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How to Make the Best Short Ribs

If you can make stew, you can make tasty, tender short ribs—it’s easy! This is the best way to make them so the meat falls apart.

Short ribs! I love these little hunks of beefy deliciousness. And you will, too, especially once you see how simple it is to make them!

But before we talk about making short ribs, let’s talk about exactly what they are, especially since there are a couple of different kinds out there these days.

English-style ribs are cut parallel to the bone, and then each rib is cut into 2- to 3-inch lengths. The result is stubby little ribs with a 1- to 2-inch-thick hunk of meat attached to each. Being thick hunks of not particularly tender meat, English-style short ribs are best with a long, slow, moist cooking method (more about that in a sec).

Flanken-style ribs are cut across the bone. Essentially, each piece is a cross-section of a rack of ribs, typically about 1/2-inch thick, yielding a 5- or 6-inch long strip of meat studded with circles of rib bone. These have become popular because they’re what’s used in Korean-style barbecue. It’s the same meat as English-style ribs, so it’s still not the most tender, but because the meat is relatively thin, it can do well with a quick cooking method—like grilling.

Long story short, when you make “traditional” short ribs, like the ones in this recipe, you want to ask your butcher for English-style ribs and you want to use a long, slow, moist cooking method. In other words, a braise.

Braising is simply simmering foods in liquid for a long time. It’s essentially what you do when you make stew. And it’s totally what you do when you make pot roast, pork shoulder, or brisket. Technically, you could eat these cuts with a quick cook like you do for a steak or a chop—but you wouldn’t want to, because they’d be tough and chewy. But with a longer cook, time and heat break down the tough stuff (connective tissues), and the result is meltingly tender deliciousness.

So then, if you can boil water, you can braise. And you can make short ribs! Ta-da!


Why cook with water when you can use something more flavorful, like broth or wine? And why not add some seasonings while you’re at it? And why not start by browning your meat, for even more flavor? My recipe is made extra-tasty by doing all those things, but is still essentially nothing more than long-simmered delicious beef parts!

Serve your short ribs over polenta, mashed potatoes, or buttered noodles. I’m sure you’ll love ‘em as much as I do.

Christine :)


How to Make the Best Shortribs

  • Author: Allie McDonald
  • Prep Time: 1 hour 20 minutes
  • Cook Time: 2 hours 45 minutes
  • Total Time: 4 hours 5 minutes
  • Yield: 6 servings 1x


If you can make stew, you can make tasty, tender short ribs—it’s easy! This is the best way to make them so the meat falls apart.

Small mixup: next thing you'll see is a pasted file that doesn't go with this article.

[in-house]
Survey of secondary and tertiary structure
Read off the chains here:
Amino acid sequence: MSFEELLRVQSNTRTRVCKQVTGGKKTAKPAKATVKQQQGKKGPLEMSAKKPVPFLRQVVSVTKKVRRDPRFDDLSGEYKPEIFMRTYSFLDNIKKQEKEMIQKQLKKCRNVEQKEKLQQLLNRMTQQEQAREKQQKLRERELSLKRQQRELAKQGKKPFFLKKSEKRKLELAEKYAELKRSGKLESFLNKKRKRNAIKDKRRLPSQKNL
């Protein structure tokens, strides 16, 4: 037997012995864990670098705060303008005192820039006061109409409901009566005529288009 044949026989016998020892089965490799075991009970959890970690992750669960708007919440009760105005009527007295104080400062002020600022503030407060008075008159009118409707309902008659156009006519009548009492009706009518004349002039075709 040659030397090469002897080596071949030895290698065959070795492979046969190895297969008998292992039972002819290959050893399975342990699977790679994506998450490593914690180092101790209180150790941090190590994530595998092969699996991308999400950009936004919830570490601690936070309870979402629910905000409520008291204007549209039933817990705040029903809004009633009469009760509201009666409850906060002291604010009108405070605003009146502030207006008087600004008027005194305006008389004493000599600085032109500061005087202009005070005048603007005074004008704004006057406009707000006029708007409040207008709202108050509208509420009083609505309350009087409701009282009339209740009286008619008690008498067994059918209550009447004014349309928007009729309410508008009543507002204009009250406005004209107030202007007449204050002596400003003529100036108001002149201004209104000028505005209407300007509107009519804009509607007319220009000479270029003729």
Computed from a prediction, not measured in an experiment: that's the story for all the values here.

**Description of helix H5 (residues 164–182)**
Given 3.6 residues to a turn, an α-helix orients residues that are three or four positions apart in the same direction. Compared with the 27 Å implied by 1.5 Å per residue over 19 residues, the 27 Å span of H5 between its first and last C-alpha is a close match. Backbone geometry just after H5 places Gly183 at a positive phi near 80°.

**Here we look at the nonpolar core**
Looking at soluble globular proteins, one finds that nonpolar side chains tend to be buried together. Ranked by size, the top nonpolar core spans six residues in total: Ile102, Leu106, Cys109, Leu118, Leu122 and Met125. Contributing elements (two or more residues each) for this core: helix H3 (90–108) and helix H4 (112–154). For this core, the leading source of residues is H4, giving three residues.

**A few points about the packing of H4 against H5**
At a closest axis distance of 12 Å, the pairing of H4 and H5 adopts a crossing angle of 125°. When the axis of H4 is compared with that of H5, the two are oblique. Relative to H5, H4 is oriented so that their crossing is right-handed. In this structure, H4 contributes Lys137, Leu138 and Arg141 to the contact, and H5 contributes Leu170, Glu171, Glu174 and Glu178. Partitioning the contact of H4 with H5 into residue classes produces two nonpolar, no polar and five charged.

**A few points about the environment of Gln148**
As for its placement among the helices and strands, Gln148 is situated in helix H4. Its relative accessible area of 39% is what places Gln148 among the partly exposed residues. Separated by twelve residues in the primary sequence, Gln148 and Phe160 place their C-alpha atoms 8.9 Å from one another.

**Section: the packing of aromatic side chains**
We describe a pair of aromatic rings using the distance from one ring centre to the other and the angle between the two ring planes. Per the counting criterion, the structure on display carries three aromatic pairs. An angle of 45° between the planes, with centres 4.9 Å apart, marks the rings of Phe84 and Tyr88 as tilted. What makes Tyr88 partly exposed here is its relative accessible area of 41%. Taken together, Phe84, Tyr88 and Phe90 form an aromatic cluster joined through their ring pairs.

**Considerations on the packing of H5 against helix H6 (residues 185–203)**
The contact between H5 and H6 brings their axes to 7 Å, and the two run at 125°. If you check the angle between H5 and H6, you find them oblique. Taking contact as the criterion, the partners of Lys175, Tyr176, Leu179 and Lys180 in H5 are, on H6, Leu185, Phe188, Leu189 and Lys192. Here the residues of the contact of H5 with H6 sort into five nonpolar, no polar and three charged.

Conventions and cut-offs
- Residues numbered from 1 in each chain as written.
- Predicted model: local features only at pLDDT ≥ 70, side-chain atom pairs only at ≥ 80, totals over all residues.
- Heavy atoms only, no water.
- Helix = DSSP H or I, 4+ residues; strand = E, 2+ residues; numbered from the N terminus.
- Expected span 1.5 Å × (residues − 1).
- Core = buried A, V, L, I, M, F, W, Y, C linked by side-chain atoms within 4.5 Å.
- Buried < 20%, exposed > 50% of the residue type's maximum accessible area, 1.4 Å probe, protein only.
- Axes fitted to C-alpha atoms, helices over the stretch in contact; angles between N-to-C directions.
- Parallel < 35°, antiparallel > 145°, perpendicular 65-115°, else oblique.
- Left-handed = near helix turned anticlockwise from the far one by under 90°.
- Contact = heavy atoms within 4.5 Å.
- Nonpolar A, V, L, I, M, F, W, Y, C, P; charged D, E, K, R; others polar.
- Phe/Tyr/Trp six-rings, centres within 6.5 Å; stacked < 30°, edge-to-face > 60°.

• 6 to 6 1/2 pounds meaty beef short ribs (see note)
  • 2 Tbsp. chopped fresh rosemary, sage, thyme, oregano, marjoram, or a combination
  • 1 Tbsp. garlic powder
  • 2 tsp. salt
  • 2 tsp. pepper
  • 2 to 4 Tbsp. vegetable oil or other high-heat cooking oil
  • 4 1/2 cups low-sodium beef broth, red wine, or a combination


  1. Put the ribs in a single layer, meaty side up, in one or more non-corrosive containers (glass or ceramic baking dishes, for example, or stainless steel sheet pans).
  2. Mix together the herbs, garlic powder, salt, and pepper and sprinkle on the ribs. Cover and set aside at room temperature for 1 hour. (If you have the time, you can refrigerate the ribs with the seasoning mixture overnight—this is essentially a dry brine and will greatly improve the ribs in both taste and texture. But it’s entirely optional. If you do refrigerate overnight, take the ribs out of the fridge an hour before you start cooking, to bring them to room temperature.)
  3. Preheat the oven to 375°F.
  4. While the oven heats, in a very large ovenproof skillet, braising pan, or saucepan over medium-high heat, warm 2 tablespoons of oil.
  5. Working in batches, brown the ribs on all sides, about 8 minutes per batch, adding more oil as needed and returning the browned ribs to the non-corrosive containers.
  6. Pour the drippings off the skillet, then add the broth or wine and bring to a boil, scraping up the browned bits in the skillet.
  7. Return the ribs and any juices to the skillet (it’s okay if they’re standing on end and/or not in one layer) and bring to a boil. Cover and transfer to the oven. Cook until the meat is very tender, about 2 hours.
  8. Use a slotted spoon to transfer the ribs to a large, clean plate or platter and cover to keep them warm. Boil the braising liquid on the stovetop until reduced to 2 cups, about 15 minutes.
  9. Serve the ribs with the sauce spooned on top.


  • For this recipe, use English-style ribs—each will be a 2- to 3-inch bone with a thick hunk of meat attached (as opposed to flanken-style ribs, which will be thin strips of meat, each with a few small circles of rib bone). You might have to call your butcher or meat counter and order them in advance.